The plan is to use the "Bicycling the Pacific Coast" by Tom Kirkendall guide to make our way from San Francisco to Rancho Palos Verdes (south of Redondo beach) at the beginning of August. With any luck, we'll only have to battle fog, letting us travel light.
We want to make this trip as cheaply as possible, seeing that we are poor college students who feel a road trip in a car would be boring and expensive. We would have a place to stay in LA (free is good). The trouble is getting down and back up.
I've got a Schwinn Le Tour 12.2 that has it's (as far as tell) original Shimano 60 front derailleur and Shimano 600 rear derailleur. It has a doublecrank, 52-39 and the back is 28 to 14.
Would these gears realistically get me down there?
We plan to buy food along the way and not carry more than a loosely approximated 25lbs. I've got some panniers off craigslist.
We're relatively fit college students so we ambitiously plan to ride 100 miles a day.
Is it realistic, or even necessary, to fit a triple crank on there? I definitely do not want to walk my bike.
The difference between making it on a triple crank or a double crank is fitness and desire. Sounds like you've got both.
It'll be tough, and I wouldn't do it without at least a 1:1 ratio for the lowest gear (like a 30T front/30T back, or 28T/28T, etc.) But that's just me (a few decades older....) If you can pick up a cheap cassette at a bike shop (SF must have bike co-ops???) and/or a smaller front chainring, it'd be worth it. You might be able to do a 36T/34T without much trouble; a bike co-op would have "used" gears to pick through.
This is where having some fix-it knowledge comes in, cuz you have to check that the derailleurs can handle it, if the chain is long enough, if the "new" gears are in good shape.
Hwy 1 has some pretty good climbs. That's where the low gears help, but if you can make it up Twin Peaks with your 25 lb load, then you'll probably be OK on the trip. Nobody has fun climbing, low gears won't make it enjoyable....
>> We're relatively fit college students so we ambitiously plan to ride 100 miles a day.
Oh, yeah, this is ambitious. If you do make it 100 miles for 2 or 3 days, expect to want a day off on the fourth. Might be better if you plan on 60-80 so you can recover each night.
1984 Raleigh Kodiak Touring, 1992 Scott MTB, 2004 Fuji Touring
EmmCeeBee has good advice about cheap gearing changes! To reiterate: Your route along the Coast Hwy is hilly, but there aren't any major passes to climb, just lots of short, steep stubborn ups and downs, especially around Big Sur. A triple chainring is not necessary, but you're going to be mighty glad after a long day you if you decide to switch out to slightly lower gearing.
My additional comments...
You'll probably be camping out at the plentiful hiker/biker sites along the way. The weather should be mild, but just in case, I would at least bring a tarp, decent sleeping bag and foul weather gear.
You said the magic word--cheap--so plan on loading up on groceries and making your own grub. If you only eat out (and will burn calories for 100 mile days), you're going to rack up a large bill. Also, sometimes there aren't any convenient restaurants along the way. (A soda can alcohol stove would be a cheap, light addition.)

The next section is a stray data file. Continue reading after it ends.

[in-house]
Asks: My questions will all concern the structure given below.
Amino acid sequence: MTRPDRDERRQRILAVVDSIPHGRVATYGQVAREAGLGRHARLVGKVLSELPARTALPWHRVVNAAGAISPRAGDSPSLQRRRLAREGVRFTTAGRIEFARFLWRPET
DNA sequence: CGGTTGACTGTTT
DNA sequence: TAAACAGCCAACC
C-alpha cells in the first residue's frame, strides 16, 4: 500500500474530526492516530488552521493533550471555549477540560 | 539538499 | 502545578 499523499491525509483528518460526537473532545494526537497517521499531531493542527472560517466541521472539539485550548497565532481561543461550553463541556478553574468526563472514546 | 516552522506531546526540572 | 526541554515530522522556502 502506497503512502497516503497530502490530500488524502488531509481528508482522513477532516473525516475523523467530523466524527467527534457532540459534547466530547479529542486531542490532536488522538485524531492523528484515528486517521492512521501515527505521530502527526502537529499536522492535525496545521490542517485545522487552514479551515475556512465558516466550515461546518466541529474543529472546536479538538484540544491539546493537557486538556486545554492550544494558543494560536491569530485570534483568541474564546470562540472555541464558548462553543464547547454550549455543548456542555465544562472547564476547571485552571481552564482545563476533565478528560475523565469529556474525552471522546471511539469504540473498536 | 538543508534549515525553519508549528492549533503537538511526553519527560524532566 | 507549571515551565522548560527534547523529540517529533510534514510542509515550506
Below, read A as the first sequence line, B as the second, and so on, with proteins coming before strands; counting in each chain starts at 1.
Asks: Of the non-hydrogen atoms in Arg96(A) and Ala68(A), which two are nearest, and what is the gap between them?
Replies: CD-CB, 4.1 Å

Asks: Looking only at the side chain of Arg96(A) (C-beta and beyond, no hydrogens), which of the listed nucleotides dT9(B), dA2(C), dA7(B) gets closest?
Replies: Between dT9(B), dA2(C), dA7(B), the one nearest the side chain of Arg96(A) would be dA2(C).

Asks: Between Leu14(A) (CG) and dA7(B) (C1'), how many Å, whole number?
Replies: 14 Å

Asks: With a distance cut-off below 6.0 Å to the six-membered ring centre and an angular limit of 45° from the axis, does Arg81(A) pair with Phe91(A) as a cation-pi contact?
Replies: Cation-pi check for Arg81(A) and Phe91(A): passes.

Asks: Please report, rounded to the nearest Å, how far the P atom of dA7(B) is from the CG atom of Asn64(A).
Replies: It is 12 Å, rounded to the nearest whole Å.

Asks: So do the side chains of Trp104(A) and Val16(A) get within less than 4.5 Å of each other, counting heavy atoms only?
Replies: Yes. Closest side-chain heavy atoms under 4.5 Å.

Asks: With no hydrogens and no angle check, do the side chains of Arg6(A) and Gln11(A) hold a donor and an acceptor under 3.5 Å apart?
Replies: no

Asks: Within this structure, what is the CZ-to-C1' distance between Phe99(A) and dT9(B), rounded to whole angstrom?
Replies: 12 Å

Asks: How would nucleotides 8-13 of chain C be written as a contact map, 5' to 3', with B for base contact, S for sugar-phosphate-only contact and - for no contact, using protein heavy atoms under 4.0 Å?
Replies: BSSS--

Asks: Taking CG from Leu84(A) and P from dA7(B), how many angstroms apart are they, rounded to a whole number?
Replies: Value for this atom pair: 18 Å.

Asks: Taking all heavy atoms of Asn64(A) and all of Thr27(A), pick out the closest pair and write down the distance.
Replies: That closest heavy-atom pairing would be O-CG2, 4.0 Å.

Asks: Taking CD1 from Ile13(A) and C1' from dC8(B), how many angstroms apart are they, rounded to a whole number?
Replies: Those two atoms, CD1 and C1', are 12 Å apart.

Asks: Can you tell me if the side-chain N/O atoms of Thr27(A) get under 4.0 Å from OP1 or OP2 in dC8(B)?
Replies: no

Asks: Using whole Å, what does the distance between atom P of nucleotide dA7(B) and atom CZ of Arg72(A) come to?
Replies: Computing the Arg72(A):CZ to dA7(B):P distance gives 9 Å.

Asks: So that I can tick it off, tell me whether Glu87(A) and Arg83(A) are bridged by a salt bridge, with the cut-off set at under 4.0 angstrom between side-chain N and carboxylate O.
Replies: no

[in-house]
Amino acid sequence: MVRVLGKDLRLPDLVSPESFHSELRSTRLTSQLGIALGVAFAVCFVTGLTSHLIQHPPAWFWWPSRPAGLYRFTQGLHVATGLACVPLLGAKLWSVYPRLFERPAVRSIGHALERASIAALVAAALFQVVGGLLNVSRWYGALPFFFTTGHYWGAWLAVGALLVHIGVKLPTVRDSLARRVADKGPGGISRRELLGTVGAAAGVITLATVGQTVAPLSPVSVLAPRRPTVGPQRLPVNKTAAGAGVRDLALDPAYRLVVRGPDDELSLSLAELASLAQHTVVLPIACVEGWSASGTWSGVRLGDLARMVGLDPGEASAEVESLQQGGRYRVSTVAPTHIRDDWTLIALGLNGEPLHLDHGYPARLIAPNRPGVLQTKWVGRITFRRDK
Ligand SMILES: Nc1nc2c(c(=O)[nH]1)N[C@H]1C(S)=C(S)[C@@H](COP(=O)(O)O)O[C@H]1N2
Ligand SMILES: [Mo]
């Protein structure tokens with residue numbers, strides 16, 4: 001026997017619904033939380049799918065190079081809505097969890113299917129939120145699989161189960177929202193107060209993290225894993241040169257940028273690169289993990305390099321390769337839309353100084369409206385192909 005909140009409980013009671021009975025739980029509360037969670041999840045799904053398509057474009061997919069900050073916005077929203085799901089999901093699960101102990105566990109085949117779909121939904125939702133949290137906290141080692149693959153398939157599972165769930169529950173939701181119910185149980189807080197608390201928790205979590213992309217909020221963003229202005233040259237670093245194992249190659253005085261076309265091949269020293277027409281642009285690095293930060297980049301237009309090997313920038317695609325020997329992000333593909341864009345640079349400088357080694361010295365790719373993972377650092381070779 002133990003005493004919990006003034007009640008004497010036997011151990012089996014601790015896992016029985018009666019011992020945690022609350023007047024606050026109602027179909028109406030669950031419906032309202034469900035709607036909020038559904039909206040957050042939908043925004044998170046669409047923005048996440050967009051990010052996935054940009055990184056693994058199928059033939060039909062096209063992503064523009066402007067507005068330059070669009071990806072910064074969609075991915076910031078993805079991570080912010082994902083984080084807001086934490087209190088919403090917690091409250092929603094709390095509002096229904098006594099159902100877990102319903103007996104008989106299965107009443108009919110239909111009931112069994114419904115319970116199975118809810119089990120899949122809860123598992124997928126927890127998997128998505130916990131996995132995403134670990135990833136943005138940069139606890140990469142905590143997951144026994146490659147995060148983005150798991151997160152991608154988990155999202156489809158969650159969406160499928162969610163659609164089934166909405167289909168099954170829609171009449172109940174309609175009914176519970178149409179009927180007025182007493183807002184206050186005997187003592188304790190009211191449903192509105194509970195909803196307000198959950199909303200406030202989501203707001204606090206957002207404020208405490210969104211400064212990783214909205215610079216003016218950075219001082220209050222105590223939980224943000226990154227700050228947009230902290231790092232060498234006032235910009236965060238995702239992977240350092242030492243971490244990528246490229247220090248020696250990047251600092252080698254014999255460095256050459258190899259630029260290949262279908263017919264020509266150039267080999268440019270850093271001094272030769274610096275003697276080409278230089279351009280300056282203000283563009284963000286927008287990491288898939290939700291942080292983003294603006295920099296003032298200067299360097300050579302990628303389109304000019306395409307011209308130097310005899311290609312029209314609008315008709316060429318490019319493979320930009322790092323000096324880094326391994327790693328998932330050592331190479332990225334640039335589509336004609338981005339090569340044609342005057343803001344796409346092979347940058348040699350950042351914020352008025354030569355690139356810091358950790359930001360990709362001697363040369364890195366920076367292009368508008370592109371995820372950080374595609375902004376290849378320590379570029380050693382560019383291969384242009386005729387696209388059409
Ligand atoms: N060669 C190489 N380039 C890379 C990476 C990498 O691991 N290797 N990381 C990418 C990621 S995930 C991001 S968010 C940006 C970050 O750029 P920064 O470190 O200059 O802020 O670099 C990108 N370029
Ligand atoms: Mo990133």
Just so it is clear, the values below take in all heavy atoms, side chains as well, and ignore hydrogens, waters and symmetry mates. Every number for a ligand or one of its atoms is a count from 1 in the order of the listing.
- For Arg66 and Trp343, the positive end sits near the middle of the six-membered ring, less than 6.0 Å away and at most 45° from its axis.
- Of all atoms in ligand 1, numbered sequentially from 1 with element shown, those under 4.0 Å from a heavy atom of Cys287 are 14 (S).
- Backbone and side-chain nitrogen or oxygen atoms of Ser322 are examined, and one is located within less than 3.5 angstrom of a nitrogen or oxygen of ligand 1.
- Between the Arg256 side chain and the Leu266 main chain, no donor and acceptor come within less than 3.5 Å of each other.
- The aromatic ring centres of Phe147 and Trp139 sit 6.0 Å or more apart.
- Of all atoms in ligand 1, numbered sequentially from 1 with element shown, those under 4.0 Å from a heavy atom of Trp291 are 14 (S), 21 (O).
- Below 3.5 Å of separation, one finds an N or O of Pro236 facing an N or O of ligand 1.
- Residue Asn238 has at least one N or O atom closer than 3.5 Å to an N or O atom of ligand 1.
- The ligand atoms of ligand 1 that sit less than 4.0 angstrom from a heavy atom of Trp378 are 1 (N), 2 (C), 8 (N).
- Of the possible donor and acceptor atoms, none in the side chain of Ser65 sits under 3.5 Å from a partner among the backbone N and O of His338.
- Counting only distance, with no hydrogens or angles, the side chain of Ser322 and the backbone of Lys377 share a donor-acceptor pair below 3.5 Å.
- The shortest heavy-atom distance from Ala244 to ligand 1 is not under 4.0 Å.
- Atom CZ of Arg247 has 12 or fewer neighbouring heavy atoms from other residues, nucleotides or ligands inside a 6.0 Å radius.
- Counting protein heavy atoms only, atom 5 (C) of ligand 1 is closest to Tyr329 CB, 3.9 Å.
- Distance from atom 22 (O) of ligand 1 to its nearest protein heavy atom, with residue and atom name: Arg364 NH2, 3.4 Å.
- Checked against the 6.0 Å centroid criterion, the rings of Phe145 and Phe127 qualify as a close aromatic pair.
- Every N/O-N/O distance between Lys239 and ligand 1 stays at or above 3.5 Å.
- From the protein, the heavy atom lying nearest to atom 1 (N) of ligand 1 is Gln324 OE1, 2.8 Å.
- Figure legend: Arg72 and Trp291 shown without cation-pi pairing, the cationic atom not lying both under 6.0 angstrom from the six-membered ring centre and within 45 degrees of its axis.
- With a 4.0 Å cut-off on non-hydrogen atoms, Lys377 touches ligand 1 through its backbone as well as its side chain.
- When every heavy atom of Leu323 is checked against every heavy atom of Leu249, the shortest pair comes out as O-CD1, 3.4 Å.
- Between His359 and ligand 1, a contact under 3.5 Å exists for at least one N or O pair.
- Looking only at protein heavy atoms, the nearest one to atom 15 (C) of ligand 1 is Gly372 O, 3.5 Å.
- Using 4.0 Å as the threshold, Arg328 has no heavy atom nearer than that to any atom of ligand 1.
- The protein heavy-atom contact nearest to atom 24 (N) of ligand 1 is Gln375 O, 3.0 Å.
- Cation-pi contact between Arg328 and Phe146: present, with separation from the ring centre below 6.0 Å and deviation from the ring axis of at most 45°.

Remember...on the return trip, you'll be battling headwinds--get an early start in the mornings.
PS--I live about 6 miles from Redondo and RPV and I'm also planning a trip "down" the coast this summer to visit my brother in Watsonville...Good Luck!
The easiest gear change is to swap the small chainring for a 36T or so. Make sure you know the BCD (Bolt Circle Diameter -- the diameter of the imaginary circle connecting the bolt holes on the chainring). Chainrings are categorized by BCD and number of bolt holes (4 or 5). If you go this route, expect some glitches in your shifting until you work out the adjustment bugs.
Next easiest is to swap the rear cassette. New ones are in the $20-$40 range (or much higher for XTR or Dura Ace quality...). I frequent a bike co-op in Portland where I can pick 'em up for less than $8, especially 6 or 7 speed, which are "old technology" now. But a used cassette is iffy, you gotta inspect it really close to make sure the teeth aren't worn. Probably better to just get a new one. Swapping freewheel/cassette is easy, but you need a special tool (itself about $10). A bike shop should do it for you for a couple bucks.
I don't know the components you have (5 speed? 6 or 7? Freewheel or cassette?) You can get clusters up to 34T, which might be all you need as far as gear swap. But only a long-cage rear derailleur can handle this, so you might get into a series of upgrades if you're not careful. Whenever you put on new gears, you should get a new chain; your chain needs a few extra links anyway if you upgrade from a 28T to a 32T or 34T. If you haven't put on a new chain in the past couple of years, do this before your trip, it's cheap insurance.
Upgrading to a triple crank is mucho expensive -- new ones are $70-$200. No guarantee that it would work with your frame and bottom bracket, the inner gear might interfere with the chainstay. The solution is to get a longer bottom bracket..... And the front derailleur might not handle the increased range.... All of a sudden you're into major money. There's an attachment on the market which adapts a double to a triple, but you've still gotta solve the other problems above.
If you're comfortable with your fitness, and only intend on this one long ride -- and want to keep it cheap -- then I wouldn't convert to a triple. Definitely look into a smaller chainring. The cassette swap might be $20 or it might be $100, depending if you need a new derailleur, and if you need a shop to do all the work. Poke around on the Harris Cyclery site for lots of good information on parts swapping and availability.